Launch of the Farmer and Animal Welfare Network

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A new Farmer and Animal Welfare Network (FAWN) has been launched.

This initiative sees the fulfillment of a commitment in the Department of Agriculture’s Animal Welfare Strategy 2021-2025, with the renewal and rebranding of what was previously the Early Warning System.

Agriculture Minister Charlie McConalogue was joined by Ciara Feeney Reid, Chair of the Farm Animal Welfare Advisory Council (FAWAC), to launch the network.

“FAWAC has recognized the importance of building on the success of the previous early warning system with a renewed emphasis on collaboration and cooperation under the renamed and re-energized FAWN umbrella,” Mr. McConalogue said.

Farm animal welfare

The early warning system was an initiative originally introduced in 2004 by FAWAC, involving the Ministry of Agriculture and stakeholders.

The system was intended to provide a framework within which farm animal welfare issues can be identified and resolved before they become critical or overwhelming.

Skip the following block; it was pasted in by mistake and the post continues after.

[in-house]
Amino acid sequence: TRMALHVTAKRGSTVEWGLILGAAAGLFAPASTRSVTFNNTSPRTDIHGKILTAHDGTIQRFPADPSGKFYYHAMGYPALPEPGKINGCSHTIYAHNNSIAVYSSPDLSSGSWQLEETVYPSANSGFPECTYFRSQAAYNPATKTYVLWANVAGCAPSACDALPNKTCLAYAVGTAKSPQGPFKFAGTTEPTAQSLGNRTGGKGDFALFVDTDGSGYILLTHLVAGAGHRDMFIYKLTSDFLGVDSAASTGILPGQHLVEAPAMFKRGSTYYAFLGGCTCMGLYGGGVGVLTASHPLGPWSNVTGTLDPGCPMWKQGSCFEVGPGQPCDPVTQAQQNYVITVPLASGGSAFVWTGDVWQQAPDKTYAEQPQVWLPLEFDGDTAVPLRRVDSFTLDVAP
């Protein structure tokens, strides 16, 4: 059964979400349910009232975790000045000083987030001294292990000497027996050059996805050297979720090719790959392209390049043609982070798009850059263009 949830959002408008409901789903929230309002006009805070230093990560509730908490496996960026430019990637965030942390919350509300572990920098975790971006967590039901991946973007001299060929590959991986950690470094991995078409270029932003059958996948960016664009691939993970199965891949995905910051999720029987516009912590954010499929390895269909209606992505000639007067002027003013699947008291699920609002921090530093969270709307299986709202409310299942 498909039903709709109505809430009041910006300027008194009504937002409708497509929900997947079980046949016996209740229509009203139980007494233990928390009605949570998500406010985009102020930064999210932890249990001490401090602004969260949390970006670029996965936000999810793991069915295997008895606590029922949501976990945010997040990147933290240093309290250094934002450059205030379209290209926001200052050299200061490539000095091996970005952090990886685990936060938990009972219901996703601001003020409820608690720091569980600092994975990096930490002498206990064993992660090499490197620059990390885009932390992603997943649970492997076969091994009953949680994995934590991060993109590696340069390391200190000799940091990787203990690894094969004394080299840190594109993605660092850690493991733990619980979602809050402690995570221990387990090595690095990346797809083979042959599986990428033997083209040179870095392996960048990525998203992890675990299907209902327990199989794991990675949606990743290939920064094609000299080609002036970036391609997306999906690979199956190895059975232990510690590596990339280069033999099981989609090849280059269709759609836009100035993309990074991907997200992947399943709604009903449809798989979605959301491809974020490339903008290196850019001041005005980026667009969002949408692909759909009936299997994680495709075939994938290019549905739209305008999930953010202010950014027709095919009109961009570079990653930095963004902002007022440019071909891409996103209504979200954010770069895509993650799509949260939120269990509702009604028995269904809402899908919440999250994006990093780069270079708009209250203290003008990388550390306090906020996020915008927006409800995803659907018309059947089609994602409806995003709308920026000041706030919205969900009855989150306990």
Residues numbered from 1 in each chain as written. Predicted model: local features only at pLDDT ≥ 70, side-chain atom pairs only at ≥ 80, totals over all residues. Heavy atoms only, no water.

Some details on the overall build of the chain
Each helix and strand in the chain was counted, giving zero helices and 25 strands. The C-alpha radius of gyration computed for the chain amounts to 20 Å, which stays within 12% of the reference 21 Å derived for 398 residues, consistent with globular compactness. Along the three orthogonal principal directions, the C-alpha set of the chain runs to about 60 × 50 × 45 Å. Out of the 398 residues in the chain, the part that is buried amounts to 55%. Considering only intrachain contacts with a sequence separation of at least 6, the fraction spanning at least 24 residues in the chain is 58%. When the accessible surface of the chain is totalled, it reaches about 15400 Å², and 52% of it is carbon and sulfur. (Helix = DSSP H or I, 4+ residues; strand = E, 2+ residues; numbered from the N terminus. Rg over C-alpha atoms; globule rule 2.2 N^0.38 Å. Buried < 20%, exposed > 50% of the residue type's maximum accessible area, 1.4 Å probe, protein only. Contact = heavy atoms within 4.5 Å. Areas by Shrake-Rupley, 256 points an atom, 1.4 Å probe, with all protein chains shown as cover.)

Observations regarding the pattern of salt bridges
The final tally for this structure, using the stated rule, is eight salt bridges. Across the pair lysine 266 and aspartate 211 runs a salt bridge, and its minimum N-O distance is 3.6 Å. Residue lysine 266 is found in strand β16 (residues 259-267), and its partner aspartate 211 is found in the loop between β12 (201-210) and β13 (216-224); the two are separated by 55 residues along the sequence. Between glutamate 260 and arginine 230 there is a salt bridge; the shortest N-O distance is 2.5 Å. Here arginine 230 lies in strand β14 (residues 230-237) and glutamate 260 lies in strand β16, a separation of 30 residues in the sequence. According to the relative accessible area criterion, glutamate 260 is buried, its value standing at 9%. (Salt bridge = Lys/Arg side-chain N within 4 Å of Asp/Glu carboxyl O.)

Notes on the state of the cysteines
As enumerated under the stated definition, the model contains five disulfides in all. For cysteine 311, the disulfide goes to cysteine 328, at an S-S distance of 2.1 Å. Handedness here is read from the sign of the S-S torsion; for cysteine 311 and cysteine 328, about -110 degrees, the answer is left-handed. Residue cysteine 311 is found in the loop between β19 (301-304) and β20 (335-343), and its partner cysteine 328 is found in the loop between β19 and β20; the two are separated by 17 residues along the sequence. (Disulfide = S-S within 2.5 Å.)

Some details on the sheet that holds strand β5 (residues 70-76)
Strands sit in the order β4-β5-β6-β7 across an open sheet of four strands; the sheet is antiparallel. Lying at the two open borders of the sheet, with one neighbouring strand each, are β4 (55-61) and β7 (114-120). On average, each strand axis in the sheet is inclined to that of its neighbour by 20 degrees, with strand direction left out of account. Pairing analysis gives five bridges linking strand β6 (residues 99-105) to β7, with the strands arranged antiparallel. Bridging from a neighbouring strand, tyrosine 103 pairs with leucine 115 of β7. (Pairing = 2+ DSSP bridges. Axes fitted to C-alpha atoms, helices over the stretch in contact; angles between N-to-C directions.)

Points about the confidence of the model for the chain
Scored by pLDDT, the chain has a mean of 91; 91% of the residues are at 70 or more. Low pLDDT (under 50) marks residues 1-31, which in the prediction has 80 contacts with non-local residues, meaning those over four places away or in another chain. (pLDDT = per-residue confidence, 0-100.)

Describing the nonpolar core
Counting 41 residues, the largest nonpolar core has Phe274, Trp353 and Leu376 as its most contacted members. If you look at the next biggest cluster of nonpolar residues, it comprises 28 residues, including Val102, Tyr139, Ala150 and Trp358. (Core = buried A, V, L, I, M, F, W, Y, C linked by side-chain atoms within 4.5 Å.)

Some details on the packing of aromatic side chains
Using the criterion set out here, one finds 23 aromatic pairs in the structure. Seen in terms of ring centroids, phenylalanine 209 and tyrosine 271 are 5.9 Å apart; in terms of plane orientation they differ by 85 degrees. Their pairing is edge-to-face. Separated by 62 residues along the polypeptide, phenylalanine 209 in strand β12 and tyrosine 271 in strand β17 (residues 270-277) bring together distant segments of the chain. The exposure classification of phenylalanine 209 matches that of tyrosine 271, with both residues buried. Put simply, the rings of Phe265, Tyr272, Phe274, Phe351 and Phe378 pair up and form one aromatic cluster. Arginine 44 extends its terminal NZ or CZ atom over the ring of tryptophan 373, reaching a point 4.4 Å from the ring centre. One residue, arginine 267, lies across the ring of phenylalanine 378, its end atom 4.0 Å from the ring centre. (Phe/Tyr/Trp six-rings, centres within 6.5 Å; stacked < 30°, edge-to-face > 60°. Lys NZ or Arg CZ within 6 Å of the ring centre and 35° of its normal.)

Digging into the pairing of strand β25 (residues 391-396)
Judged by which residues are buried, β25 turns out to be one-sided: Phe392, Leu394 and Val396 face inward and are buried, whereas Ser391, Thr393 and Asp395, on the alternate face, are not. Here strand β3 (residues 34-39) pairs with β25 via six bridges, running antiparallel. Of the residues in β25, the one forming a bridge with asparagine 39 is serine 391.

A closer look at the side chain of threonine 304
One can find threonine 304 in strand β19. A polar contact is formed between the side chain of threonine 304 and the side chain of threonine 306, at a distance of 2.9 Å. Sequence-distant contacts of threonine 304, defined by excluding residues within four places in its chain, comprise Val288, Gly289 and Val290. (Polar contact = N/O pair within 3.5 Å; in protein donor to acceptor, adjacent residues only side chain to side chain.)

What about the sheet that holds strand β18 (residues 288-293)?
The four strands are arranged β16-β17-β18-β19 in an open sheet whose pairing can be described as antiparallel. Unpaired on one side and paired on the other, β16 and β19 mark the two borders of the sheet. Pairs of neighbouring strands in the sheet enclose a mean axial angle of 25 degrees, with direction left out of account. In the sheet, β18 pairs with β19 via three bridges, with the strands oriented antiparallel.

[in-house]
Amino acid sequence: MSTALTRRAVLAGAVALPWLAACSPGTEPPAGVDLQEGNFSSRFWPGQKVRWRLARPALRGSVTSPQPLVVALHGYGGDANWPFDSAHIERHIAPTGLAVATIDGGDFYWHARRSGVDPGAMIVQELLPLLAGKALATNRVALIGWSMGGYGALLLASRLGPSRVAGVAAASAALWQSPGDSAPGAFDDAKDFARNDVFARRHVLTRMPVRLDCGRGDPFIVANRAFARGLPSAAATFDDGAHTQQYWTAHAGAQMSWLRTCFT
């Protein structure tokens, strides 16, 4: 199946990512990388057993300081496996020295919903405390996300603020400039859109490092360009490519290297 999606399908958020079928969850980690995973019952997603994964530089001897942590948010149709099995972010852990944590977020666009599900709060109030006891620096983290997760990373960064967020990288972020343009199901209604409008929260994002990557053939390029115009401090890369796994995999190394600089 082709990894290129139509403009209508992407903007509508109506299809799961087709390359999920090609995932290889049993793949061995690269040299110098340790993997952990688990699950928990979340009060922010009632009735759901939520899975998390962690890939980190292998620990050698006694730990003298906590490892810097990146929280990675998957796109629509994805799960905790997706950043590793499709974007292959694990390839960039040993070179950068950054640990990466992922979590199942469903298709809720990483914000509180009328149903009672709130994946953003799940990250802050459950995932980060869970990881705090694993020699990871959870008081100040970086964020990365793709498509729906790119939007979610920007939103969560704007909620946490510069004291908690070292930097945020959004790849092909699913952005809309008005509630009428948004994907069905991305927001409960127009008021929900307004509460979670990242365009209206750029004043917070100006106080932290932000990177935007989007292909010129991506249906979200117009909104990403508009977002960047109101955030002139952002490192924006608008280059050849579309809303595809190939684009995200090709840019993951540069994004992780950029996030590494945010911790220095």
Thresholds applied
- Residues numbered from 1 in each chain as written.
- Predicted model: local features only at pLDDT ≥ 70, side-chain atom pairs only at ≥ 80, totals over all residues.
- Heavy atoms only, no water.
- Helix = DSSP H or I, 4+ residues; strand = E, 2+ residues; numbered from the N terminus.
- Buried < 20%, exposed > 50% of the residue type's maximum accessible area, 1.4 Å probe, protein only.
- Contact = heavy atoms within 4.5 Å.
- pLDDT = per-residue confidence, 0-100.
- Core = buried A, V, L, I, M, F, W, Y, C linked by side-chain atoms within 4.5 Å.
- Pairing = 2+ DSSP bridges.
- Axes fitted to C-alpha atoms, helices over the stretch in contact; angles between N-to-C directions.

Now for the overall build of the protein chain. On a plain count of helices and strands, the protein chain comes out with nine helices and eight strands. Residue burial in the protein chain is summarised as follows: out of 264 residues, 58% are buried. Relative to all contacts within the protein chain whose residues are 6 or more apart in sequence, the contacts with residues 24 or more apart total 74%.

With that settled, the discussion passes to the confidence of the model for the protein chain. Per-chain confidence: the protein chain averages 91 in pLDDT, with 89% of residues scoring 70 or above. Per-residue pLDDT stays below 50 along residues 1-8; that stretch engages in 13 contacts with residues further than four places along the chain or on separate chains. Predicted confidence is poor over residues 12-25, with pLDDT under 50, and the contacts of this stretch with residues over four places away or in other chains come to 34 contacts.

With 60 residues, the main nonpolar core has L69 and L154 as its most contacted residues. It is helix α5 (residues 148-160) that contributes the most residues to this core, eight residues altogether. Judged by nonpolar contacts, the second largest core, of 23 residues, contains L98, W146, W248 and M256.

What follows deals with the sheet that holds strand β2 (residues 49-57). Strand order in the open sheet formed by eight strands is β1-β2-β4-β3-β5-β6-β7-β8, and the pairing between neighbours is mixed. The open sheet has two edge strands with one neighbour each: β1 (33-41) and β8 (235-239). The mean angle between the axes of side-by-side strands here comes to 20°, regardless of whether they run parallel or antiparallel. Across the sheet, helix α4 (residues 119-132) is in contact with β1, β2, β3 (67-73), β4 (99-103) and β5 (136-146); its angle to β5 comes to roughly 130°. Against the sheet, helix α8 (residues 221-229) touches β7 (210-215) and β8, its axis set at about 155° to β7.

The ministry said it has raised awareness of various factors related to animal welfare issues and enabled intervention at an earlier stage, preventing more serious incidents from occurring.

“Animal welfare is increasingly important to Irish citizens, and we are increasingly aware of the interrelationship between animal welfare and human health and wellbeing,” continued Ms. McConalogue.

“FAWN seeks to embrace the ‘one health, one welfare’ philosophy by recognizing this interconnectedness and assisting the farming community to avoid and mitigate animal welfare issues through positive interaction with our network of FAWN clusters.

“Providing high animal welfare standards is a job for everyone in our society; for those who own, care for or are responsible for animals, whether on the farm or at home.

“Together we can ensure that as a society we give our pets, farmed and wild animals the respect, care and high welfare standards they deserve.”

Ms Feeney Reid commented: “The overall aim of the renewal is to improve accessibility and incentive for the farming community to engage with FAWN, recognizing the links between human and animal welfare and the importance of early intervention in the event of a problem.

“FAWN’s primary goal is to help identify and resolve animal welfare issues and prevent a deterioration of any predicament through collaboration and communication.”

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